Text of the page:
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"The Top 8 Inches of Soil"-- History Lesson: A Voice from the Past

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  • Robert Monie
    Hi All, Time out for a snapshot from the history of sustainable gardening/farming. Over 50 Years ago, the famously successful British vegan vegetable grower
    Message 1 of 6 , Feb 13, 2008
      Hi All,

      Time out for a snapshot from the history of sustainable gardening/farming. Over 50 Years ago, the famously successful British vegan vegetable grower Rosa Dalziel O'Brien said this (in "Intensive Gardening" published by Faber and Faber):

      "...in the top eight inches of any soil there are sufficient plant-food elements available for a hundred years' cropping--that is in any normal soil on which one is likely to grow vegetables--but below that lie even greater reserves (p. 18).

      Dalziel used vetch grown alongside the veggies as compost. The nutrition was not hauled in as veggie waste from afar; it was pulled up from the soil and fed to the plants by the living soil food web. Terra Preta fans, take note: Dalziel also applied a thin layer of soot (very fine-powdered carbon somethng like the "bootblack" once used to dye leather) between the layers of her compost heap and sometimes in her soil. She made no special claims for the soot--no magic, no fuss--it just seemed to help somehow to produce overall fertility in the soil and health in the veggies.

      Elliot Coleman (who took over Scott Nearing's old farm) describes Dalziel's vegan enterprise as "a meticulously efficient market garden." In other words, she managed to make money selling produce from it.

      Bob Monie
      New Orleans, LA 70119
      Zone 8


      [Non-text portions of this message have been removed]
    • Dieter Brand
      ... Soil fertility obviously depends on soil type and history, and many soils don’t even have 8” of topsoil. But even if we start with a very fertile
      Message 2 of 6 , Feb 13, 2008
        >"...in the top eight inches of any soil there are sufficient plant-food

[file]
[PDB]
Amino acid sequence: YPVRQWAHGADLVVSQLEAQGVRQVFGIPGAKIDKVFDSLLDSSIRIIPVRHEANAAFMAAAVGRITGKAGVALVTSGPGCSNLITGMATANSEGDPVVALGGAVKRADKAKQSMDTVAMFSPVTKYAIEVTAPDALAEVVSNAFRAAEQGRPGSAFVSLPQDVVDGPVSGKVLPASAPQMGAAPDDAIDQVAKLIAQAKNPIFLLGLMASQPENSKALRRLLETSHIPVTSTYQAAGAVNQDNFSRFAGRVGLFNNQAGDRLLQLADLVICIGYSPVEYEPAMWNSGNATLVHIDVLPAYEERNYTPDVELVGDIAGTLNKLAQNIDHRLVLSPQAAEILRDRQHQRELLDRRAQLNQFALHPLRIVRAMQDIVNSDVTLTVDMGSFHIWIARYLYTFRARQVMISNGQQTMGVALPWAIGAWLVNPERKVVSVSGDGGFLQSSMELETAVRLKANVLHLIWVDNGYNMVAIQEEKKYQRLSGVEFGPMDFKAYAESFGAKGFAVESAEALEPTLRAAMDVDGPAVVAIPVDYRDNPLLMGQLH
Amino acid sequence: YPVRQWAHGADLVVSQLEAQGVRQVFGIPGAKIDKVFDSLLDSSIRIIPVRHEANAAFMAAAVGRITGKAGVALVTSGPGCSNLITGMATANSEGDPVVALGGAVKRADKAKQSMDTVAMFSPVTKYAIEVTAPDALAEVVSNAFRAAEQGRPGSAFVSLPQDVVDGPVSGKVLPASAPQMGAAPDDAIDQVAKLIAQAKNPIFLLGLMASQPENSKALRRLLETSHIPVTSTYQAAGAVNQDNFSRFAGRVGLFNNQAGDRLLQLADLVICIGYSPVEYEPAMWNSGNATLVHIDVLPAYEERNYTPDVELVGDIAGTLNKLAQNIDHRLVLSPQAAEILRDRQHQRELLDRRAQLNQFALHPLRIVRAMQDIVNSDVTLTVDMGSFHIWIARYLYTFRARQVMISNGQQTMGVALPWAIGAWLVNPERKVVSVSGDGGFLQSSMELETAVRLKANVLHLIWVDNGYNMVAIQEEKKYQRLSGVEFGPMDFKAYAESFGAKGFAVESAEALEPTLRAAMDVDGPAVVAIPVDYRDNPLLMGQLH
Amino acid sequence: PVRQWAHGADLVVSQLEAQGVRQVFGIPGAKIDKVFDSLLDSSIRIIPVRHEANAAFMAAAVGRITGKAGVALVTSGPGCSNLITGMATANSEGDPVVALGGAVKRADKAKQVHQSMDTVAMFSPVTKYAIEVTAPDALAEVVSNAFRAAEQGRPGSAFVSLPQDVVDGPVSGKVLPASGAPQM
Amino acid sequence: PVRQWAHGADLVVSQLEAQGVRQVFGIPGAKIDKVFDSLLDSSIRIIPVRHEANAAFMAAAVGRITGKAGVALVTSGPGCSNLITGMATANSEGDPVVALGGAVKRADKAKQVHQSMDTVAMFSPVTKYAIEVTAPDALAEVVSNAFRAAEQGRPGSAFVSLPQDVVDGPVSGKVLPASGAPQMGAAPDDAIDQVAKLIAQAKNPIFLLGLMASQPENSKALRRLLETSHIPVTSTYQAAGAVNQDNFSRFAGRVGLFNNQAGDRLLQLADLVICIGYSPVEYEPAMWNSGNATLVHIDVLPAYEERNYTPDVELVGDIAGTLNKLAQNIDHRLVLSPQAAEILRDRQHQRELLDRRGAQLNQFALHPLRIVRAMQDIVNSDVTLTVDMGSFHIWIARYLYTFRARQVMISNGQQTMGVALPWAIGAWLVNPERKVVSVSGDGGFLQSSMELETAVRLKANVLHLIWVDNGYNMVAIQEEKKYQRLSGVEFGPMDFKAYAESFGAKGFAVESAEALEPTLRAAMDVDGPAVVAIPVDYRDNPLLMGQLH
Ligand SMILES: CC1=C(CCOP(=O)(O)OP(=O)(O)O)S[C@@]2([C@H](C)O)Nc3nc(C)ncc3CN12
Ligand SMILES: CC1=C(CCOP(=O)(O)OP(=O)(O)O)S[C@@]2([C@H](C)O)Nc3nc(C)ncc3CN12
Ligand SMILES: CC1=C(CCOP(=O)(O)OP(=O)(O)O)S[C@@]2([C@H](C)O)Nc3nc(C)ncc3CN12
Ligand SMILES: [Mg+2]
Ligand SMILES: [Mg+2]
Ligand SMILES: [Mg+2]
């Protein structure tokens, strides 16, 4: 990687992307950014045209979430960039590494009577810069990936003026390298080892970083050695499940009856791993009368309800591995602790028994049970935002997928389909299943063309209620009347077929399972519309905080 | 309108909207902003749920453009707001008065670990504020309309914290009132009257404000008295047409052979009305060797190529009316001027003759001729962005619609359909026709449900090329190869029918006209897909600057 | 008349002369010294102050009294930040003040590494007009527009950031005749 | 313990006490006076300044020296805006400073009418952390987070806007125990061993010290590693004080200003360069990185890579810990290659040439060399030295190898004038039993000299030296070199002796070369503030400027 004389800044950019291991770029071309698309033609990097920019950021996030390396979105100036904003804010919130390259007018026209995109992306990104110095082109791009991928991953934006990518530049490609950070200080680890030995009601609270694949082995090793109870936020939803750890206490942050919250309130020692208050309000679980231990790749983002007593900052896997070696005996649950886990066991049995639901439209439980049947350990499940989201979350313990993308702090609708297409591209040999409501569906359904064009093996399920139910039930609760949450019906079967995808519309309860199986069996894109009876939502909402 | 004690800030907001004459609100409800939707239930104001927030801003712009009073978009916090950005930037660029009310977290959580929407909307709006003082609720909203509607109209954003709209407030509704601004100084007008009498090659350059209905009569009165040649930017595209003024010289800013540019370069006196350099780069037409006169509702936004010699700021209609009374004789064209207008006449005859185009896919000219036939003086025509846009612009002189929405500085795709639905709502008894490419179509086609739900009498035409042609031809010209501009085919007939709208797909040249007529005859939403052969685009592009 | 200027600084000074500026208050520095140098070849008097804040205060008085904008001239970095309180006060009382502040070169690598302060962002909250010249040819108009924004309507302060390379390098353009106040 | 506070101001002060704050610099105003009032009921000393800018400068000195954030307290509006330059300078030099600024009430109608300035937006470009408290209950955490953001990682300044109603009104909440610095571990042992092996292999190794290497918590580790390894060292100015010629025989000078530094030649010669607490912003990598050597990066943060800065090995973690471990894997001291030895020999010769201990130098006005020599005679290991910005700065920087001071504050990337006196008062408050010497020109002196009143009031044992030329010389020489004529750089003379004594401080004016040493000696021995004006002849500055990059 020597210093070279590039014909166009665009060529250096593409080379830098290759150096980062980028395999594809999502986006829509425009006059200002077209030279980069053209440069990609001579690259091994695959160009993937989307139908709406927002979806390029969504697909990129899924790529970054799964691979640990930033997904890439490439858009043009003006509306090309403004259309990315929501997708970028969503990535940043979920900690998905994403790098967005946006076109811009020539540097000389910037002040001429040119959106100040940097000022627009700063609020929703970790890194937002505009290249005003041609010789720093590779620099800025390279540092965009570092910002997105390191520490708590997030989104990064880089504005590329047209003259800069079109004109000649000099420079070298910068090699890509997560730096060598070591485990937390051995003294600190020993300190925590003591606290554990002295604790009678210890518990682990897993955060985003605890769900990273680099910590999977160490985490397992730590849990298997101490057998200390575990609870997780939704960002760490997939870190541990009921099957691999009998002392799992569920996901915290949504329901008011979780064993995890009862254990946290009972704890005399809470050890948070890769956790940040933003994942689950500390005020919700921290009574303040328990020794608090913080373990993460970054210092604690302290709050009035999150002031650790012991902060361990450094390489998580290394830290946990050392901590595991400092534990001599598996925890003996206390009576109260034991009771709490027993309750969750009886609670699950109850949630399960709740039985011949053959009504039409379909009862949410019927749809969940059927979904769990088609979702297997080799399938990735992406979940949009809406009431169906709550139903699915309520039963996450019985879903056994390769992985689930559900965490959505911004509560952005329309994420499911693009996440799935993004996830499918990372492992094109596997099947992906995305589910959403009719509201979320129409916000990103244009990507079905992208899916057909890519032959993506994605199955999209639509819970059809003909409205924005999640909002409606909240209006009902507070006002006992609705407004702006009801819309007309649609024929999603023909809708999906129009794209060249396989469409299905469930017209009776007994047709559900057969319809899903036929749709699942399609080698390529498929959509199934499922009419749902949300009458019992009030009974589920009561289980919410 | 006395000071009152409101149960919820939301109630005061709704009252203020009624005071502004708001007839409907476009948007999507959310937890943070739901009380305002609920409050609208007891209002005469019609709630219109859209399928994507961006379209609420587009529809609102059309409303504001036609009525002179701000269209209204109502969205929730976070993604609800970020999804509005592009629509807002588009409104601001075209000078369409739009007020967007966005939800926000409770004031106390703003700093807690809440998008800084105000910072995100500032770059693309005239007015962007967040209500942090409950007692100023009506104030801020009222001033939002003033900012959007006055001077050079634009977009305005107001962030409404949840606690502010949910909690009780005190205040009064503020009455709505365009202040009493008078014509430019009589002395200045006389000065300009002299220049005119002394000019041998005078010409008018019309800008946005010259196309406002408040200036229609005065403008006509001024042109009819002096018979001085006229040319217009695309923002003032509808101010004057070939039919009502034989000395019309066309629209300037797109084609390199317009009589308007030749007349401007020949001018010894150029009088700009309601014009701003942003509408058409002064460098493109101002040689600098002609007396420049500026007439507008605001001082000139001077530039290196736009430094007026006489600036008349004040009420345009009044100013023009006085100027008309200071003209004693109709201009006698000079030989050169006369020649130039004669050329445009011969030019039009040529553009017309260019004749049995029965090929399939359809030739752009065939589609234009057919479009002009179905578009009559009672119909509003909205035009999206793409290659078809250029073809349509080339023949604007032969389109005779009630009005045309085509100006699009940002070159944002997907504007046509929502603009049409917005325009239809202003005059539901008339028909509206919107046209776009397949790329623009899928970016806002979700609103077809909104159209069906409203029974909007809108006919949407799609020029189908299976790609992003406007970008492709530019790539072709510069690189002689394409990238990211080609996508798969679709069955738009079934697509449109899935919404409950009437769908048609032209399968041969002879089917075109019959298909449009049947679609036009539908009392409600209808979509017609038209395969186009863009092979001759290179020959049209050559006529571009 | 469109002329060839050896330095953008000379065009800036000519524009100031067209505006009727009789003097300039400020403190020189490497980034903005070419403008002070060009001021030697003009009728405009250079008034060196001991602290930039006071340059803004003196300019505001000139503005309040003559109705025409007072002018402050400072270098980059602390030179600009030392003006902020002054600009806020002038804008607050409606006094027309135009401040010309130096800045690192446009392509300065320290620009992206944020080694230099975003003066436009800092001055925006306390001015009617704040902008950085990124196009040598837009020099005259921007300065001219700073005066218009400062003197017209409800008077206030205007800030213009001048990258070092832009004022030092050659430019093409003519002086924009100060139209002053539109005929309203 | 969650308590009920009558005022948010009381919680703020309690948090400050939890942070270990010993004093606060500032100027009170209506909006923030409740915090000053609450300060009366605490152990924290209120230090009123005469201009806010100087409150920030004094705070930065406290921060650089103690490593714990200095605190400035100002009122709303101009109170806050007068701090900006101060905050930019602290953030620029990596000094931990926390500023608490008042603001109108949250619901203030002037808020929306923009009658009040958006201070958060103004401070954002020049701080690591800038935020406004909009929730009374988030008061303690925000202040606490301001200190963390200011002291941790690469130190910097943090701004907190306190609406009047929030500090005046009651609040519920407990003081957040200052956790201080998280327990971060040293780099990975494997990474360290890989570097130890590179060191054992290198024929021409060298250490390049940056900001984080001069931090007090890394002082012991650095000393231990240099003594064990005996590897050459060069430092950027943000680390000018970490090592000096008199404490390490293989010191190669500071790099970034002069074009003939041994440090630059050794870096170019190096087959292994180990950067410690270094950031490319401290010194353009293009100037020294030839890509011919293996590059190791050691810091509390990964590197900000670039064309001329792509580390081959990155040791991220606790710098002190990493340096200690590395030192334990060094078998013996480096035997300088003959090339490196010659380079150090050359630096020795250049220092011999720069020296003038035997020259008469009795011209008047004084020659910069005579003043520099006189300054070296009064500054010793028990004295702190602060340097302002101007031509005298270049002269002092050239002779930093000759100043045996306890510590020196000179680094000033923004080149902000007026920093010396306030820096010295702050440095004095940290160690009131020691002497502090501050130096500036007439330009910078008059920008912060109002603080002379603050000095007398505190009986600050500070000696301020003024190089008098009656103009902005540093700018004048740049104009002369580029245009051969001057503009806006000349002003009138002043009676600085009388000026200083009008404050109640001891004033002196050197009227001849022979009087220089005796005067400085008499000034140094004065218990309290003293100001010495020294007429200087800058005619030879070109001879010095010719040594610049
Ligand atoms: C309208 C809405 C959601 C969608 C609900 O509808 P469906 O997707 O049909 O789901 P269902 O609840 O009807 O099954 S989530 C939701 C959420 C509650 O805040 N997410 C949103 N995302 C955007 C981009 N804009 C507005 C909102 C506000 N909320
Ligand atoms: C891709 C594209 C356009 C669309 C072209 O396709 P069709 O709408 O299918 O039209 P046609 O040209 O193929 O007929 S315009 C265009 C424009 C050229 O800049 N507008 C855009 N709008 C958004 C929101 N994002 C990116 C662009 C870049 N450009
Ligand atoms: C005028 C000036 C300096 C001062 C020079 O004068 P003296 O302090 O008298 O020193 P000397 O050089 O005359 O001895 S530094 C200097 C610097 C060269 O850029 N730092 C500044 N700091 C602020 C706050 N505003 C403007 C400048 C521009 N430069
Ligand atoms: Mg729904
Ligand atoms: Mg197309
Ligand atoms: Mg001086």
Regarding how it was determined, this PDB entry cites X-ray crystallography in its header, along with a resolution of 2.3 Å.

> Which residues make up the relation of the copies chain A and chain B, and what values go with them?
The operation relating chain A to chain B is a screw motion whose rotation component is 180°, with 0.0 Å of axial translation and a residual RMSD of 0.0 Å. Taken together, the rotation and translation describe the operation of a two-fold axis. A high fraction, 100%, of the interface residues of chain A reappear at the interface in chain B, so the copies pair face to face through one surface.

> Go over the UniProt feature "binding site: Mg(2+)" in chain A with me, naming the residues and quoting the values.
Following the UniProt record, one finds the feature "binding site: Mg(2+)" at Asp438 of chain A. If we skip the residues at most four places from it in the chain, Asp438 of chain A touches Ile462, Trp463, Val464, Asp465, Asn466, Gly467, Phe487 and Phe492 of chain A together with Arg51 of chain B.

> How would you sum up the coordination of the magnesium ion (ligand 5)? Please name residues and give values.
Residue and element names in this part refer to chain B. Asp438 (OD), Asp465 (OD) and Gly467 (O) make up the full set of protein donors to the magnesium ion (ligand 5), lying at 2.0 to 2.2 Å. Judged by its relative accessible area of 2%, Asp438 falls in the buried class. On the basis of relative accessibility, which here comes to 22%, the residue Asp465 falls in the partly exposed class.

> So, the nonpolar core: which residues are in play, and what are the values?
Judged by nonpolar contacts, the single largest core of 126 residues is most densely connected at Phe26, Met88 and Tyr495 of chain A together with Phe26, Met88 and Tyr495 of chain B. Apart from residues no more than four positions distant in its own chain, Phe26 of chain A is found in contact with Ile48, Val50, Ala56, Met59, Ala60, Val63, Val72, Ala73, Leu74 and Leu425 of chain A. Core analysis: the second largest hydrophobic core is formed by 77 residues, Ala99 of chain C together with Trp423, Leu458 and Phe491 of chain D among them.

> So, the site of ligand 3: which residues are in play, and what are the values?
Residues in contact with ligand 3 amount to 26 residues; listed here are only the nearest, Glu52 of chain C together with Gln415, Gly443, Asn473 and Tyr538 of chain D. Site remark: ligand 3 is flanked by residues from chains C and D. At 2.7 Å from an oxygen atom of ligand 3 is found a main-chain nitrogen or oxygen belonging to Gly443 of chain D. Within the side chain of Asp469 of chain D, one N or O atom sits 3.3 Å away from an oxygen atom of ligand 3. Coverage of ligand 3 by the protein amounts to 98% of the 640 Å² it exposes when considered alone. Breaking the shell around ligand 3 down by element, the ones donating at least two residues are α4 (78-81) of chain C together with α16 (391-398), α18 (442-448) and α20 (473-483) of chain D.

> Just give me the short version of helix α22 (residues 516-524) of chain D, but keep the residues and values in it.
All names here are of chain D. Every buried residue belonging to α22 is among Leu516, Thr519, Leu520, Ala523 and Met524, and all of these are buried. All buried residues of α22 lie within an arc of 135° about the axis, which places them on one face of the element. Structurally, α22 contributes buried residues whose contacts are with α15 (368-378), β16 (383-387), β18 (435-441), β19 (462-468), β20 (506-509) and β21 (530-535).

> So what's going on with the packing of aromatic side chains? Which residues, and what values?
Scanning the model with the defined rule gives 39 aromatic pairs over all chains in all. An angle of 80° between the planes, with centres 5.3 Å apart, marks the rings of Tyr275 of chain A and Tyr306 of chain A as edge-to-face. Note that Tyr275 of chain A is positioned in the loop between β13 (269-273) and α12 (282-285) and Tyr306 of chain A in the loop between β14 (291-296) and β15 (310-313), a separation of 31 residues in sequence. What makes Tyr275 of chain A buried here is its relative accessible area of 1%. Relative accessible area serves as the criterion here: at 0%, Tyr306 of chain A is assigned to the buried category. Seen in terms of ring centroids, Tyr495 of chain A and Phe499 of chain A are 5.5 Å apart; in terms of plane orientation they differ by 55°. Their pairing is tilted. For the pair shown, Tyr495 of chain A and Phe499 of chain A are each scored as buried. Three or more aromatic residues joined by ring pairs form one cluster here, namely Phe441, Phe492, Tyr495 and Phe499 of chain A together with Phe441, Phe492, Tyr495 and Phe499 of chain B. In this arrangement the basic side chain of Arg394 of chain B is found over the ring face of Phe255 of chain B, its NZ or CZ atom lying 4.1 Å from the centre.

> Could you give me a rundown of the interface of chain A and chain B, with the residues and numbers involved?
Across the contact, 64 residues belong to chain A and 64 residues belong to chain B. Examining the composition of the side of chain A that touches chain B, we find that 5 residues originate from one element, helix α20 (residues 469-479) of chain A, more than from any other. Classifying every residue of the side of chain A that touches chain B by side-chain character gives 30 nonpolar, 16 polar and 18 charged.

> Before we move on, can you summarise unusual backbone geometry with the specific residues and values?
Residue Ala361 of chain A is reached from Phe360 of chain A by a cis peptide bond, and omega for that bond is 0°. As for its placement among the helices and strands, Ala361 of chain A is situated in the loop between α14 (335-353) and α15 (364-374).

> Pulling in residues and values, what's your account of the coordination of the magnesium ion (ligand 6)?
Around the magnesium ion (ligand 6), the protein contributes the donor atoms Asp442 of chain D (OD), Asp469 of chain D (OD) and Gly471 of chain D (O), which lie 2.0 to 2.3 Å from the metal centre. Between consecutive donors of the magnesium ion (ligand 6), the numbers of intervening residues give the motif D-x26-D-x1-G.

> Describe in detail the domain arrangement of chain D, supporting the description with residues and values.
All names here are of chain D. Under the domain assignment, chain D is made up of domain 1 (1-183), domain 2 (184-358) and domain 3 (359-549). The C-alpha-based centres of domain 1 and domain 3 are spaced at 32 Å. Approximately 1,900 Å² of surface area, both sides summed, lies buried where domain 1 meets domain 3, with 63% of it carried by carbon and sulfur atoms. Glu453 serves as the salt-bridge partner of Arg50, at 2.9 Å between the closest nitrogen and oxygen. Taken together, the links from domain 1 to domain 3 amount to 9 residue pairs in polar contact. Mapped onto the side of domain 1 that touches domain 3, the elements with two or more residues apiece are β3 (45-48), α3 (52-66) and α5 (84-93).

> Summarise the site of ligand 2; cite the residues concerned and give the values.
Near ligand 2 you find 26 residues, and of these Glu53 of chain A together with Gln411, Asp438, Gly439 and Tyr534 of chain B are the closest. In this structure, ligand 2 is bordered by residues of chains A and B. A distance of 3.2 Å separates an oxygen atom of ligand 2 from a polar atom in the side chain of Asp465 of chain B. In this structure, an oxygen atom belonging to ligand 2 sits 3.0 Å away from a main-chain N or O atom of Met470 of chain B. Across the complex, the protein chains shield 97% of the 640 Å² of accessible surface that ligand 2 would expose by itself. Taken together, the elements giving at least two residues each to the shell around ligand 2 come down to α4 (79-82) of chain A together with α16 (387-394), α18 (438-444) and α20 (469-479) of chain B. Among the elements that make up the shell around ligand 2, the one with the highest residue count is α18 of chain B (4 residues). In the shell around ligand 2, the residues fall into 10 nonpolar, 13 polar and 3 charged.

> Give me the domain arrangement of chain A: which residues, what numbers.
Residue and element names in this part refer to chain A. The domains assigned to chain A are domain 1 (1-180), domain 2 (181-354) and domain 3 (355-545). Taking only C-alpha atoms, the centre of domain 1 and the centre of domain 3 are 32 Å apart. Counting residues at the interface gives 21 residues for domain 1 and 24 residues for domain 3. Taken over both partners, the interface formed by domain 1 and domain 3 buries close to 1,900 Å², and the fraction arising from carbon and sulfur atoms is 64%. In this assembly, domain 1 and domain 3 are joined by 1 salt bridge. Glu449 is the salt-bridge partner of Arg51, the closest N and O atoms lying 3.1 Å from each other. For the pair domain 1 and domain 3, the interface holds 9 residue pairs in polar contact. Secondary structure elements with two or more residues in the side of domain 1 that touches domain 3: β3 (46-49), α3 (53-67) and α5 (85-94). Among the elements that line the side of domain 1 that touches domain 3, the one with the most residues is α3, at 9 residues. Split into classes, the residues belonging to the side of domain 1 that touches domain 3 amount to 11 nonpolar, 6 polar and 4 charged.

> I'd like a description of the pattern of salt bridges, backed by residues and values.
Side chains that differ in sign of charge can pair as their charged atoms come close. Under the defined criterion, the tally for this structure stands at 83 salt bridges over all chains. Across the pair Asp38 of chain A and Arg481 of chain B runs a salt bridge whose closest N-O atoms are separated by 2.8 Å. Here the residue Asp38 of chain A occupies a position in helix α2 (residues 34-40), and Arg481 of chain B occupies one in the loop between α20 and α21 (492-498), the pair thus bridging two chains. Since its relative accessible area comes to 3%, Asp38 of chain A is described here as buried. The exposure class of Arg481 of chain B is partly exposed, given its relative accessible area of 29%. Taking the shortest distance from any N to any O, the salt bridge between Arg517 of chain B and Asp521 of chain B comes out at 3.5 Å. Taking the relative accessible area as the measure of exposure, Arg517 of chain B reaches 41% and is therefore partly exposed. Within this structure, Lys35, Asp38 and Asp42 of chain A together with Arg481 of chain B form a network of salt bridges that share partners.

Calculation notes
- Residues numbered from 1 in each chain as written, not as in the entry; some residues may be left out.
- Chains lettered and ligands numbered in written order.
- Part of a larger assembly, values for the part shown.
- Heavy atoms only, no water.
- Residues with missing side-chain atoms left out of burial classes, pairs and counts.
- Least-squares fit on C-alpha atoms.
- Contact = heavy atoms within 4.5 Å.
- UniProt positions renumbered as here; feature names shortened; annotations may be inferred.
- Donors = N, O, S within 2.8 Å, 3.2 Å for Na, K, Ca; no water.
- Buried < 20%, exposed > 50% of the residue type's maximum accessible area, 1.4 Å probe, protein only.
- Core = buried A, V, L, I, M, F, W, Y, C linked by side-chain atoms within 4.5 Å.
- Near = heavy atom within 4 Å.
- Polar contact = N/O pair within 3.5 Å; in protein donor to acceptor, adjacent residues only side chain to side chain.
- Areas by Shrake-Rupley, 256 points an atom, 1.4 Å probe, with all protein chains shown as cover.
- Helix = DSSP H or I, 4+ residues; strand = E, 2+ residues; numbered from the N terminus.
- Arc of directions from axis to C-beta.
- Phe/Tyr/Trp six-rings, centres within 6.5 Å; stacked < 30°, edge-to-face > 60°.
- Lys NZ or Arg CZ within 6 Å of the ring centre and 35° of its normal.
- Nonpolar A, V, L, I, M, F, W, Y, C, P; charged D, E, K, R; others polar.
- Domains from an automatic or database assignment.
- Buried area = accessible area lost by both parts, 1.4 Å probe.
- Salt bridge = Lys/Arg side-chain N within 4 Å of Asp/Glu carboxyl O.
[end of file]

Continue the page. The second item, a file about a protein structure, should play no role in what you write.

>elements available for a hundred years' cropping--that is in any
        >normal soil on which one is likely to grow vegetables-- but below
        >that lie even greater reserves” (Rosa Dalziel O'Brien, Intensive
        >Gardening, p. 18).


        Soil fertility obviously depends on soil type and history, and many
        soils don’t even have 8” of topsoil. But even if we start with a very
        fertile virgin soil, there will be a noticeable drop in fertility already
        after a couple of years of ploughing and cropping. And if fertility
        is not replenished by an intelligent farming method, the farmer will
        have to move to another place after 10 to 20 years. That is farming
        by slashing and burning practiced in the early days.

        Hence, the question is how to farm? John’s way of gathering mulch
        is certainly a good way of recycling biomass in a wasteful society
        that considers organic matter as “waste”. Not all societies can afford
        to be that wasteful, and Fukuoka’s continuous crop rotation for
        replenishing fertility and at the same time growing food is to be
        preferred as a general model. How to adapt it to different climates
        is another question.

        >... The nutrition was not hauled in as veggie waste from afar; it was
        >pulled up from the soil and fed to the plants by the living soil food web.

        According to Arden Anderson, most plant nutrients, about 80%, come
        from the air. This was discussed on another ML not long ago. It